If you're wanting to do your bit for the environment, you're probably using a Keep Cup, separating your recyclables, and committing to a few more meat-free meals. But have you considered the impact of your online shopping habit?
Entrepreneurs Kate Bezar and Rebecca Percasky were working for an e-commerce start-up, and were horrified by the amount of packaging that was going to waste thanks to online shopping orders. They decided to find a better alternative.
But in their search, they found some major issues with products most people see as recyclable. Firstly, they say paper might seem like the most sustainable packaging option, but it's one of the most polluting industries in the world.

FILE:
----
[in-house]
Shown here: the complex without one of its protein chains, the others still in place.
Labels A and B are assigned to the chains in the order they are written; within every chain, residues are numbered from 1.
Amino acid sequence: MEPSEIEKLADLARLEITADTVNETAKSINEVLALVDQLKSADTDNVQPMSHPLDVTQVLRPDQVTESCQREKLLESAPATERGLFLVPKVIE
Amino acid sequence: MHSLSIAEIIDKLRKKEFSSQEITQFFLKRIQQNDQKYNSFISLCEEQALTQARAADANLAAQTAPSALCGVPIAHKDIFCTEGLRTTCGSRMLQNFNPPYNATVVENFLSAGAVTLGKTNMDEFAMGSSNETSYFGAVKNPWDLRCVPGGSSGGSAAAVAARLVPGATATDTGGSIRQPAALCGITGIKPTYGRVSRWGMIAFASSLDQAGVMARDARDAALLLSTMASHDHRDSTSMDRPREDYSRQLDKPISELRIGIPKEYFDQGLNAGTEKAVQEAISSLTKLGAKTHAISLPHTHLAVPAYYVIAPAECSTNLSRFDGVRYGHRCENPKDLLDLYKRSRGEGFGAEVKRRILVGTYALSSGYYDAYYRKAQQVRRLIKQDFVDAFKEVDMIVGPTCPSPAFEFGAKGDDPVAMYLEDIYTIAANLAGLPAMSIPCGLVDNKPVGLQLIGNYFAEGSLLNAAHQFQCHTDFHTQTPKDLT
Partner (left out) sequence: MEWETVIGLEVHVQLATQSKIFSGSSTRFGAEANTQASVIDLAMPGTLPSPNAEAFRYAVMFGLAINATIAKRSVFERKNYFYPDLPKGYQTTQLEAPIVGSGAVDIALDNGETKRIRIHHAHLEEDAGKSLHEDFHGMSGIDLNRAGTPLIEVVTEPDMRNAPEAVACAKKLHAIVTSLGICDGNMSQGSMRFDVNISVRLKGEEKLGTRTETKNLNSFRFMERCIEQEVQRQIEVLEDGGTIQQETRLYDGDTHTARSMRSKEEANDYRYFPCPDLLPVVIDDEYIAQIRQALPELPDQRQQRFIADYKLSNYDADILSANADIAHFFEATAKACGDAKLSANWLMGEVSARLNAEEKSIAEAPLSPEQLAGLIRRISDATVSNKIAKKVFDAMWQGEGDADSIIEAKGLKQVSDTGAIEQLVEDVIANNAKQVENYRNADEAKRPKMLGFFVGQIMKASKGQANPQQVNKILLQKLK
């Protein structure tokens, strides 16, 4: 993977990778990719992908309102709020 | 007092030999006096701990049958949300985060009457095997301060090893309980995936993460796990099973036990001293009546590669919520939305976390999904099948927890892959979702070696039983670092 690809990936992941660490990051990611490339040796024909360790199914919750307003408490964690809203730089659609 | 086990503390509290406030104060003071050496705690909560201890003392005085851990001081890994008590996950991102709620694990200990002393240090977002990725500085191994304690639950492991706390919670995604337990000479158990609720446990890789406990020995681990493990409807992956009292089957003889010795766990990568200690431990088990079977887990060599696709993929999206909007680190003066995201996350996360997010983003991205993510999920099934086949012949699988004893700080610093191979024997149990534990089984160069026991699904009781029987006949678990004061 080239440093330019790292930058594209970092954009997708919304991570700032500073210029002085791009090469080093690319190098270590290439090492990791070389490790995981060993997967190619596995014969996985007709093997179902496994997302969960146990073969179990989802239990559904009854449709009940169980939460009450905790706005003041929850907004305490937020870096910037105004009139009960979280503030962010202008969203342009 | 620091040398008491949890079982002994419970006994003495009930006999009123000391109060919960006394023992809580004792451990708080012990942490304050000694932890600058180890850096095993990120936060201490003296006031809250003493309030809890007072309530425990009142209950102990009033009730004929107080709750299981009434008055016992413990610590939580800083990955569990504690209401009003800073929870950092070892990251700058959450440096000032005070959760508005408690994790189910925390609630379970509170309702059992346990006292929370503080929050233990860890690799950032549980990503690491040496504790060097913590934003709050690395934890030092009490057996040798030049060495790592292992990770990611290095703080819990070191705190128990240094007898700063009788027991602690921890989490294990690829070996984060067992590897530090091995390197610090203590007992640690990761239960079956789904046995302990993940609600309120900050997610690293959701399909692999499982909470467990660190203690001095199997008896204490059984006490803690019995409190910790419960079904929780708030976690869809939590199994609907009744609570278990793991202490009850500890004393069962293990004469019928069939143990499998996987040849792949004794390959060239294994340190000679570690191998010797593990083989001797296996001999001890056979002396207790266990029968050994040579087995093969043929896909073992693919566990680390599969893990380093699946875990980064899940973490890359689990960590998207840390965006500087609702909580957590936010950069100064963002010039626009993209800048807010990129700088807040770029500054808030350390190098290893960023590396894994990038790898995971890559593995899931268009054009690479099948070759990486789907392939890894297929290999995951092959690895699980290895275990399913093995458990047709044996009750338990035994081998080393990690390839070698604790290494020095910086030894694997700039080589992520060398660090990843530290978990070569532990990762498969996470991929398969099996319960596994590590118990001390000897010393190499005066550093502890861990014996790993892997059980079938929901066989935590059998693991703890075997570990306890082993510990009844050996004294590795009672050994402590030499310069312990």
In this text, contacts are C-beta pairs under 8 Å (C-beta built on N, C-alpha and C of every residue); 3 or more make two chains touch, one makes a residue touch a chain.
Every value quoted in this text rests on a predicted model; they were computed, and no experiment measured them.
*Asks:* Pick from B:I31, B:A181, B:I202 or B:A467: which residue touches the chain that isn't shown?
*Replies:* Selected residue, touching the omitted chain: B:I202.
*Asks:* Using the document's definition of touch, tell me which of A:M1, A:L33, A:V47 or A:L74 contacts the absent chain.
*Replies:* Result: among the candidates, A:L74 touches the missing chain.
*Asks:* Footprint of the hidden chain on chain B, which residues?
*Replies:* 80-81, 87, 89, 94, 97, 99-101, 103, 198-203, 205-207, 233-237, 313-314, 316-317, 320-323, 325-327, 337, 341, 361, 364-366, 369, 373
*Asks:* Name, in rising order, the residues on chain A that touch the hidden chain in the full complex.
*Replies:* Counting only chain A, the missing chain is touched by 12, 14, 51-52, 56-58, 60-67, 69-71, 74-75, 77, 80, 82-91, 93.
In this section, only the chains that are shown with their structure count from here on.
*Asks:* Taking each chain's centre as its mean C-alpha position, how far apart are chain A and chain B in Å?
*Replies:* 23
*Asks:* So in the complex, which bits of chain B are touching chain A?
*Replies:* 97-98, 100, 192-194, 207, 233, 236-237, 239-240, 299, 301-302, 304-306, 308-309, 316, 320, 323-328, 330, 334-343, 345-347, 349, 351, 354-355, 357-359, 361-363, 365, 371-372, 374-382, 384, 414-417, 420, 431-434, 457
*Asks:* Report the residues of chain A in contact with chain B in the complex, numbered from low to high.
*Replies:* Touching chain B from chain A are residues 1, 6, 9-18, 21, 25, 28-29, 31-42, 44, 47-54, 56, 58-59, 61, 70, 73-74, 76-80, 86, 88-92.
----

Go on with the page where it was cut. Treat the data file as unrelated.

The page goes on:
They also say marketing something "degradable" can be green-washing, it doesn't necessarily mean it's sustainable. And often things that should be recycled, like white milk bottles, can't be sorted properly at the recycling plant.
Bezar and Percasky found out first hand how a poor recycling process can let down even those with the best intentions. Their first product was made primarily from limestone quarry waste. They thought they'd hit the jackpot with the bags, which were made with solar power, required no water and had no byproducts.
Percasky says that's until they went to see the recycling process. "Because it looks like paper it would be diverted into the paper stream, but it's heavy so it would sink to the bottom, be scooped off and probably end up in landfill".
But that didn't deter the pair. A couple of years of research later, and their company The Better Packaging Co has produced a home-compostable range that has sold 5 million units in 24 months.
To hear more about Percasky and Bezar's Better Packaging journey, listen to their episode of HP Business class here.